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St Catherine's student using a wheel to learn spelling, an innovative way.
Published
23 May 2018

Phonemenon: How all students can become phenomenal spellers

​​​We all enjoy brunch on Sunday, we have stayed at a motel, we have wondered about Brexit, we listen to podcasts, and we hate smog. These combo words, or portmanteaus as they’re known, are so useful. So, we’ve made one of our own to describe our innovative approach to teaching spelling at St Catherine’s: phonemenon.

It’s a bit of a mouthful, we know. It’s a deliberate mash-up of phoneme and phenomenon. ‘Phoneme’ means the sounds that we hear in English and ‘phonemenon’ refers to how all students can become phenomenal spellers.

So why do we need to shake things up? English is an alphabetical language where we use letters to write words. But it is not a phonetic language – there’s no easy match between sounds and letters. We have 26 letters in our alphabet, but we have 44 sounds, with hundreds of ways to write these sounds down. While phonics is important when learning to spell, teaching sounds alone is simply inadequate. In too many schools, phonics-based programs limit students. If the only tool we give young children to spell is to say, “sound it out”, we are making a phonological promise to them that English simply cannot keep (Misty Adoniou, ‘Why some kids can’t spell and why spelling tests won’t help. The Conversation, 2013).

We need to dispel the myth that good spelling comes naturally. Children need to be taught to spell in a way that suits their style of learning. Good spelling comes from good teaching that caters to the strengths of the child.

Learning to speak is an innate skill. As infants, we mimic the language of our parents and mirror the way their mouths move when forming sounds. However, reading, writing and spelling are taught skills. As research has shown us, spelling ability is not a measure of intelligence. We need to identify a child’s strengths and learning style, and then teach to those.

Most spelling errors I encounter in Stage 2 and 3 made by ‘poor’ spellers show a dependence on the ‘sounding out’ strategy. As only 12 per cent of words in English are spelled the way they sound, our students are set up for failure. I have taught students who have had excellent reading skills, creative writing abilities or an incredible capacity for critical and creative thinking, but they have been poor spellers. We need to stop and analyse the reasons why this is an anomaly, as it is clearly not a result of the child’s intellect.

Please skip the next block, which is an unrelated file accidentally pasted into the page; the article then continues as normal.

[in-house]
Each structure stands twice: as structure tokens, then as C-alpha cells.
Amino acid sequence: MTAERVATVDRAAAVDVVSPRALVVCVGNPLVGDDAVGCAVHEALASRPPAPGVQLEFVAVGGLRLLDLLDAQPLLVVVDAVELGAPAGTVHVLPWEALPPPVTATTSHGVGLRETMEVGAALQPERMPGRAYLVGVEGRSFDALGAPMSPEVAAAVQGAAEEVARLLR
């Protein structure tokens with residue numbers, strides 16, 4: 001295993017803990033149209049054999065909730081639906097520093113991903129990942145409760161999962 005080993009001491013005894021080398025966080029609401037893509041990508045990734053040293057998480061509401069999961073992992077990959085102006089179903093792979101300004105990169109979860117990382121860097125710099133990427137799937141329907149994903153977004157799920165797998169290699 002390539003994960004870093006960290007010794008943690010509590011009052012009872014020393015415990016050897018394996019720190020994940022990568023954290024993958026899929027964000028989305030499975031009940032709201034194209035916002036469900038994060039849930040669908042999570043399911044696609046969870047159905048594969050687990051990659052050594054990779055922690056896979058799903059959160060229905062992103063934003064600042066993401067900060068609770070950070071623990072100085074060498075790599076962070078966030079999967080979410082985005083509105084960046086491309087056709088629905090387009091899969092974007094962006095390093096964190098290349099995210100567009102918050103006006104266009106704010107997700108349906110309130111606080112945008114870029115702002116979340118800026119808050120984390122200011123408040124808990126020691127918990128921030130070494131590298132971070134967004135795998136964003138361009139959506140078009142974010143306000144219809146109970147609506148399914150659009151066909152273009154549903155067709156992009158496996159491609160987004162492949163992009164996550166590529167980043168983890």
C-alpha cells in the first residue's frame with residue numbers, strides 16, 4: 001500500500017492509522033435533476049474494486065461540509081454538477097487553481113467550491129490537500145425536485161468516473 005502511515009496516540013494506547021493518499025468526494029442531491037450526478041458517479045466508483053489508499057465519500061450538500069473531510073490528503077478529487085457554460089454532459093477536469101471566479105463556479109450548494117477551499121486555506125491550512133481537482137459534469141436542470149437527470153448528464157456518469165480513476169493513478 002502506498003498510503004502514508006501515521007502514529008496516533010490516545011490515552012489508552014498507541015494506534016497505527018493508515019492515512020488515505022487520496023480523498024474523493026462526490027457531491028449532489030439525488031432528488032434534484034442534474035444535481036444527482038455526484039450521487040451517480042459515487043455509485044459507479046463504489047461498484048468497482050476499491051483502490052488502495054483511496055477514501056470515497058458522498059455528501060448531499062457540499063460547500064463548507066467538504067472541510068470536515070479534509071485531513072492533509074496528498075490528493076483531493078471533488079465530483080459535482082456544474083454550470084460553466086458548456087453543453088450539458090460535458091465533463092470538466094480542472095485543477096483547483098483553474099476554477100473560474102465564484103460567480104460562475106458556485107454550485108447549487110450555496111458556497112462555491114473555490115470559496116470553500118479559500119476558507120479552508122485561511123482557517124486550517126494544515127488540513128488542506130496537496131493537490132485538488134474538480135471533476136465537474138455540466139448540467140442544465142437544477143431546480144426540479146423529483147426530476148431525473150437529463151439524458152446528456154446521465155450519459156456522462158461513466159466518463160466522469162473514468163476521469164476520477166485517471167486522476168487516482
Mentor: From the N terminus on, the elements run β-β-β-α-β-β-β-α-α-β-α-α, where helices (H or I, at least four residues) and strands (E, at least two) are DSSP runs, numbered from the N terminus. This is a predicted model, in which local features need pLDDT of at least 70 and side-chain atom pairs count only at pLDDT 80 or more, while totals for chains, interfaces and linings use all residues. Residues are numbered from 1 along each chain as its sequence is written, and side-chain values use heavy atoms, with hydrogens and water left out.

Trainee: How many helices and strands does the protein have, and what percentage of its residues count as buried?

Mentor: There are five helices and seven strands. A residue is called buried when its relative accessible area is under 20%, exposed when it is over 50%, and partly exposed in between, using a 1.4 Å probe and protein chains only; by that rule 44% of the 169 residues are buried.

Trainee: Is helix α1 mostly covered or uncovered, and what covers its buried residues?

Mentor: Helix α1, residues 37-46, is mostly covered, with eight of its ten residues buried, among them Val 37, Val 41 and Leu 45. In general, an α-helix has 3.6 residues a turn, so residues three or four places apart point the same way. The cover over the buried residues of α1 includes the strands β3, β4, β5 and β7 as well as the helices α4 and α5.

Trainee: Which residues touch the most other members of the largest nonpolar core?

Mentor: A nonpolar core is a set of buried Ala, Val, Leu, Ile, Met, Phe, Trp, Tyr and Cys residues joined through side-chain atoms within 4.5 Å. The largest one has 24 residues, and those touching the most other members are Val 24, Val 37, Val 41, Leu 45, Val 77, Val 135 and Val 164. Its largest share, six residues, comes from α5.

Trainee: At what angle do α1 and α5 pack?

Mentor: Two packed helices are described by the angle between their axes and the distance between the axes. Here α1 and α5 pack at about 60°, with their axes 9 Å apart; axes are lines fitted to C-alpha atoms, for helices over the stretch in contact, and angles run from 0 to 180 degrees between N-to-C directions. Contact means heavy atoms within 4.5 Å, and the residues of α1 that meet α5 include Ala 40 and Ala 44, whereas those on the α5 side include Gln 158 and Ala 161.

At St Catherine’s, teachers have been designing innovative ways for students to access and unpack spelling. We want to teach all students to become phenomenal spellers.

So how do we do it? English is a morpho-phonemic language. It is the combination of the sound, the history and the meaning of the word that influences its spelling. The four cornerstones of the English language are orthography, phonology, morphology and etymology. By analysing these four threads, we can truly unpack the spelling of words.

So what does this look like in the classroom? As educators it is our role to nurture a curiosity about words so that students can understand the logic behind the way words are spelled.


This is how we do it:

  • We start with student strengths. By doing this we can identify if something doesn’t quite add up with their achievement in other subjects.

  • We look for meaningful ways to spark the conversation around linguistics and vocabulary.

  • We use explicit teaching of true linguistics, highlighting the importance of teacher and student knowledge.

  • We use quality literature and embed spelling across the curriculum.

  • We integrate technology by using online dictionaries, apps such as HP Reveal and Interactive IPA (International Phonetic Alphabet). We mirror student work to the TV to promote peer feedback and use websites like Kahoot! so they can create their own spelling quizzes to apply and evaluate their understanding.

  • We adapt models of thinking to challenge all learners and ensure we are extending our high-potential learners in a mixed-ability classroom.

  • We give students a choice about how they document their work. They can use the whiteboard tables, poster paper or record their work neatly in their writing books. No one-size-fits-all workbook!

  • We teach students the IPA to help support their understanding of pronunciation or difficult spelling choices.

  • We have a strong focus on staff development, collaboration and mentoring. I run in-class demonstrations, provide team teaching opportunities and run lunch time and after school workshops. This ensures a consistent approach to spelling across the junior school.

How will this help your daughter? Teaching spelling effectively supports reading and writing development. Improved understanding of vocabulary aids reading comprehension, which enables a use of broader vocabulary in her writing.

Teaching spelling is complex and it is often a lack of word knowledge and an understanding of linguistics that causes teachers to shy away from teaching spelling in a creative way. Teachers are more inclined to test spelling, rather than to teach it. If we shift the literacy paradigm, if we teach spelling in a holistic manner, focusing on the four cornerstones of linguistics, our students will flourish.


Ms Katharyn Reid
Year 4 teacher Spelling specialist
B Ed (Hons) Primary